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3 Decades After Bofors, US sends First M777 ultra light artillery to India

3 Decades After Bofors, US sends First M777 ultra light artillery to India

After three decades, the Indian Army received its first heavy ordnance as the first two guns out of the 145 M777 ultra light artillery guns it ordered from the US which arrived, a month ahead of schedule.

The air portable guns that arrived today will be used to shore up defences in high-altitude areas against China. The 155 mm, 39-calibre gun will have a maximum range of 30 km.

In all, the military will import 25 M-777s directly from BAE systems, the manufacturer of the guns. The rest will be assembled in India in collaboration with Mahindra Defence Systems.The contract was signed in November 2016.

The last artillery guns that India bought were the controversial Swedish Bofors guns in the mid-1980s. But the US $1.4 billion deal was mired in controversy after reports that the Swedish company had paid US$ 9.9 million (Rs. 64 crores) in kickbacks to top Indian politicians. It cost then Prime Minister Rajiv Gandhi a chance to return to power in the next election; it also slowed down defence procurement considerably.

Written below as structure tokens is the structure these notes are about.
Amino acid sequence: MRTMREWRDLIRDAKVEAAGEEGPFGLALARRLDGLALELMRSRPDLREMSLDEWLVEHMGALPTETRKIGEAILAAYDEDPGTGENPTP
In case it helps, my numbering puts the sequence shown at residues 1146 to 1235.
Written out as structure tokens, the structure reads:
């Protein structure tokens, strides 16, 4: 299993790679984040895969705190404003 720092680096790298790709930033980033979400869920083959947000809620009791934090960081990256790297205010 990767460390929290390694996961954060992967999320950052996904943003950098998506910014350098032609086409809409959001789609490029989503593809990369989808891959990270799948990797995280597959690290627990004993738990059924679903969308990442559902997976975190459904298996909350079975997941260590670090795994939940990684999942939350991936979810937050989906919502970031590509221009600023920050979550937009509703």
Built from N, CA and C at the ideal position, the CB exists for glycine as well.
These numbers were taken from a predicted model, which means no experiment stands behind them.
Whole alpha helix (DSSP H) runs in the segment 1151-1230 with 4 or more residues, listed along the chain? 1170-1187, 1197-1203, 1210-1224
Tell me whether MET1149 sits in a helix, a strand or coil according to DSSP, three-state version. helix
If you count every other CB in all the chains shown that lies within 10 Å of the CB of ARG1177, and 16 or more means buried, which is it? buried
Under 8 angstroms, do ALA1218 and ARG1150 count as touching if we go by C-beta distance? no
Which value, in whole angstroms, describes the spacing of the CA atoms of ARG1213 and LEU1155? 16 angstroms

Earlier this month, the Indian company Larsen & Toubro bagged its biggest defence order to supply another key system to the Army. L&T, which has partnered with the South Korean company Hanwha Tech Win (HTW) will be assembling 100 units of 155mm, 52 calibre K9 Vajra-T self-propelled howitzers.

Back in the eighties, India had received the blueprints of the Bofors gun but the manufacture of the weapon system never began given the controversy surrounding the deal. The Bofors gun has proven to be outstanding in service with the Indian Army and played a decisive role during the 1999 Kargil conflict.

Agencies

Agencies

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